Effective Instructional Element Utilization in North Carolina Technology Education Programs for Students with Specific Learning Disabilities

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dc.contributor.advisor V. W. DeLuca, Committee Member en_US
dc.contributor.advisor E. J. Sabornie, Committee Member en_US
dc.contributor.advisor R. E. Peterson, Committee Co-Chair en_US
dc.contributor.advisor W. J. Haynie III, Committee Co-Chair en_US
dc.contributor.author Ernst, Jeremy Vaughn en_US
dc.date.accessioned 2010-04-02T18:29:02Z
dc.date.available 2010-04-02T18:29:02Z
dc.date.issued 2006-08-28 en_US
dc.identifier.other etd-05192006-174206 en_US
dc.identifier.uri http://www.lib.ncsu.edu/resolver/1840.16/3324
dc.description.abstract This study was designed to identify elements of instruction in North Carolina technology education programs that support the academic achievement of students with specific learning disabilities. The primary objective of this study was to assess the degree of instructor utilization of effective instructional elements in a classroom environment for individuals with specific learning disabilities enrolled in high and low achieving North Carolina technology education programs. The principal survey instrument used in this study was developed by the researcher based on the ten Effective Teaching Principles researched and proposed by Edwin S. Ellis and Lou Anne Worthington (1994). A factor analysis was conducted based on a preliminary study composed of 45 in-service special education teachers. The purpose of this procedure was to find the most concise list of effective elements of instruction representative of the data collected. The methodology employed a Likert Scale survey questionnaire mailed in 2006 to technology education teachers in North Carolina classified as high achieving and low achieving for students with specific learning disabilities. Demographic data were obtained via an additional demographic information survey. The majority of low and high achieving program respondents indicated utilization of the identified effective instructional elements. There were four effective instructional elements of the 38 that significantly differed between low achieving program respondents and high achieving program respondents: demonstrating the completion of tasks, sequencing of tasks, high interest material within content areas, and the integration of content areas. Analyses of demographic variables for low achieving programs and high achieving program respondents uncover gender, years as a technology educator, and years as a high school technology educator as significant differences between groups. en_US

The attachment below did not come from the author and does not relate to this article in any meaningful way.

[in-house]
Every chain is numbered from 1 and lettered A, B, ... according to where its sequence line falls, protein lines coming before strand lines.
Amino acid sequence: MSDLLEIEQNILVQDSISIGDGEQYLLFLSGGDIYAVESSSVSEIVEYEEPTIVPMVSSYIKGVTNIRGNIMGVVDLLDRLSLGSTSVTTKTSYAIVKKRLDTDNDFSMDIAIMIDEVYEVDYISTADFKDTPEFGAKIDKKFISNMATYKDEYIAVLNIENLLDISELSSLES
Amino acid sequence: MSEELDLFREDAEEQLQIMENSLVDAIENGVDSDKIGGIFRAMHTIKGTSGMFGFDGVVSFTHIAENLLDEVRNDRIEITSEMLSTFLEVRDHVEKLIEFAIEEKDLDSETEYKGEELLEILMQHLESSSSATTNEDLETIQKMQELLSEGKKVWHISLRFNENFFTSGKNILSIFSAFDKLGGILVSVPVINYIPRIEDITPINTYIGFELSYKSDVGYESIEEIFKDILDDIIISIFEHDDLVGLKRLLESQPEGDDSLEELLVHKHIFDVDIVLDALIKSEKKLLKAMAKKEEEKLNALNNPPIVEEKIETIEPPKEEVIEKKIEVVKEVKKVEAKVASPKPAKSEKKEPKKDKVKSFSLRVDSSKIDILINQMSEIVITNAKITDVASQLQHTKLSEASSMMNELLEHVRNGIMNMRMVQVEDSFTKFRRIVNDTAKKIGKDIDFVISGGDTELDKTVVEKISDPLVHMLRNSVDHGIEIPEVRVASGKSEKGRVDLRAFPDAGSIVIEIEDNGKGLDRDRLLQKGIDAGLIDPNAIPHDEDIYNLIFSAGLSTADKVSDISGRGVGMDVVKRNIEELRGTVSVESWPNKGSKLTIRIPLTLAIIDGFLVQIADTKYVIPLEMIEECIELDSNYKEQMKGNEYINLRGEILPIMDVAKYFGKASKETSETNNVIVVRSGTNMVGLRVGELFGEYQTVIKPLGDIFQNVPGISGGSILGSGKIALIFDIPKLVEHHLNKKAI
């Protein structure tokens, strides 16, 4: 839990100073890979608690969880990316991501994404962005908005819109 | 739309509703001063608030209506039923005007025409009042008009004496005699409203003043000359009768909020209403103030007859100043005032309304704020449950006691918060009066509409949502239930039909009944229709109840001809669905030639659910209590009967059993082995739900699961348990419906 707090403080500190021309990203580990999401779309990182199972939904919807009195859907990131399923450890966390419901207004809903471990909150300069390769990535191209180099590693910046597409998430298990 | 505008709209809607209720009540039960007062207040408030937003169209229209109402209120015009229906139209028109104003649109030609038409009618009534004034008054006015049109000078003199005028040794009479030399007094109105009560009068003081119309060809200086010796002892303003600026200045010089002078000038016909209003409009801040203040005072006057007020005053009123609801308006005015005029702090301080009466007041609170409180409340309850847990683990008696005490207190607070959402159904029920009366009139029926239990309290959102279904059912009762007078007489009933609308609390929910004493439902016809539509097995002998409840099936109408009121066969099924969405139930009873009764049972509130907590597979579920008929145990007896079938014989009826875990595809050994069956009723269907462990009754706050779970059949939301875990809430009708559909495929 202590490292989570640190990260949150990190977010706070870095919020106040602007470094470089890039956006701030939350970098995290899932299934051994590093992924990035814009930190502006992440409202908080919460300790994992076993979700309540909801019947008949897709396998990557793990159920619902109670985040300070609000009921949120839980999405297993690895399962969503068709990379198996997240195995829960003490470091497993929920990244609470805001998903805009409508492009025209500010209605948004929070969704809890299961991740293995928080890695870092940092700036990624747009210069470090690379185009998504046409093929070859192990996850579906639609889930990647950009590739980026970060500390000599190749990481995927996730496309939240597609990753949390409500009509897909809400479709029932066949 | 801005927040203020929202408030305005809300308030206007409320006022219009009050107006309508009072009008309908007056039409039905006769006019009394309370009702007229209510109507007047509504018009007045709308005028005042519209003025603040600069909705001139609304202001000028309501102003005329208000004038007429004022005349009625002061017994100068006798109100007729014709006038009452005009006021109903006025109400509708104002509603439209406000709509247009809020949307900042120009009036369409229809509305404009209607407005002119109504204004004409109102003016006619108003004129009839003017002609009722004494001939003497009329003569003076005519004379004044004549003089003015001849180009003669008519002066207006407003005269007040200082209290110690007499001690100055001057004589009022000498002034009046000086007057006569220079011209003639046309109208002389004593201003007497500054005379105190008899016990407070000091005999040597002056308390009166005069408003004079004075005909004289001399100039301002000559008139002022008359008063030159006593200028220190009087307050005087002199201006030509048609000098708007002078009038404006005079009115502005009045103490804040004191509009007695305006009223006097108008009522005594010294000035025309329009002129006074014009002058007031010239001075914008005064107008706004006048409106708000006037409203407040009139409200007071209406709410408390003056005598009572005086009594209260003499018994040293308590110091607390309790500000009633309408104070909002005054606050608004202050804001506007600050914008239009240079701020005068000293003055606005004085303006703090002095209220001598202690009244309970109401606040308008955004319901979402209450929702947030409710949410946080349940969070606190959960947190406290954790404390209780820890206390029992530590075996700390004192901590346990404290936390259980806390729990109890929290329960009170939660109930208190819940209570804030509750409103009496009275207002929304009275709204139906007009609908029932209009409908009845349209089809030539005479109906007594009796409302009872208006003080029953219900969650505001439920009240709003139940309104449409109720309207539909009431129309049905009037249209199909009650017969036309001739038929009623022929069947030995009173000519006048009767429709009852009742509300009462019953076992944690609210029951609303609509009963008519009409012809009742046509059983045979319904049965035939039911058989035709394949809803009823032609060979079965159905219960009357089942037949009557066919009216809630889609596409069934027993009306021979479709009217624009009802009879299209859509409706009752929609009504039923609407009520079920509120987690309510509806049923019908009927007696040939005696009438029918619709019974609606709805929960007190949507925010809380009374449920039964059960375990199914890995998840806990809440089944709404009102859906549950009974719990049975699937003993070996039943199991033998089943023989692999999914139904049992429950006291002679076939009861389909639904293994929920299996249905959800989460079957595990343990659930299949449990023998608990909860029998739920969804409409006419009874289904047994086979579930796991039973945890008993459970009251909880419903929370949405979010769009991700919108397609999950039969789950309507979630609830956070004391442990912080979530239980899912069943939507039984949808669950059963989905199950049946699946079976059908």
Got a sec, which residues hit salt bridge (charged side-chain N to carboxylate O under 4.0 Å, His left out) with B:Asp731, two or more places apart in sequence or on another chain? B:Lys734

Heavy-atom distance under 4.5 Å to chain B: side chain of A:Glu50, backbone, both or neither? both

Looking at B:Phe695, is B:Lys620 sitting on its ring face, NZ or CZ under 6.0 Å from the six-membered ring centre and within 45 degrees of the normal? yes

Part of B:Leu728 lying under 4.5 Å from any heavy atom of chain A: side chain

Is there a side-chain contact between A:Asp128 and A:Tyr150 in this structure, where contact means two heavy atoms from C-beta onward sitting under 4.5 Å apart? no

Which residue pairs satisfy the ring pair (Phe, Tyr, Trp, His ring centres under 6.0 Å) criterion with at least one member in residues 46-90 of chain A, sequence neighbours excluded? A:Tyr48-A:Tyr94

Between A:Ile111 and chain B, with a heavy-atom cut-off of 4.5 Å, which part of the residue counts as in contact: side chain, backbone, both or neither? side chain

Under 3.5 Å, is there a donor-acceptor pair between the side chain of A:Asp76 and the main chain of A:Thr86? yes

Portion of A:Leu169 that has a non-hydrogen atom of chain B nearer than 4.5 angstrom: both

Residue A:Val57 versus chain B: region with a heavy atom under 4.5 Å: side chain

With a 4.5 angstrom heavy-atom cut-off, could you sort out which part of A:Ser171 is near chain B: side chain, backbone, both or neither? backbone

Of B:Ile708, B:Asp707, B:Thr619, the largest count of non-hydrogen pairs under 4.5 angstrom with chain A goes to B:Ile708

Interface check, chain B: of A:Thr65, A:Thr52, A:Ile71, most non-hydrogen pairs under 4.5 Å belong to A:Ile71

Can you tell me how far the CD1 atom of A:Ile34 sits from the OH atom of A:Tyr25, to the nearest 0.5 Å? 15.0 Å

dc.rights I hereby certify that, if appropriate, I have obtained and attached hereto a written permission statement from the owner(s) of each third party copyrighted matter to be included in my thesis, dissertation, or project report, allowing distribution as specified below. I certify that the version I submitted is the same as that approved by my advisory committee. I hereby grant to NC State University or its agents the non-exclusive license to archive and make accessible, under the conditions specified below, my thesis, dissertation, or project report in whole or in part in all forms of media, now or hereafter known. I retain all other ownership rights to the copyright of the thesis, dissertation or project report. I also retain the right to use in future works (such as articles or books) all or part of this thesis, dissertation, or project report. en_US
dc.subject VoCATS en_US
dc.subject learning disabilities en_US
dc.subject effective instruction en_US
dc.subject career and technical education en_US
dc.subject specific learning disabilities en_US
dc.subject technology education en_US
dc.title Effective Instructional Element Utilization in North Carolina Technology Education Programs for Students with Specific Learning Disabilities en_US
dc.degree.name EdD en_US
dc.degree.level dissertation en_US
dc.degree.discipline Math, Science and Technology Education en_US


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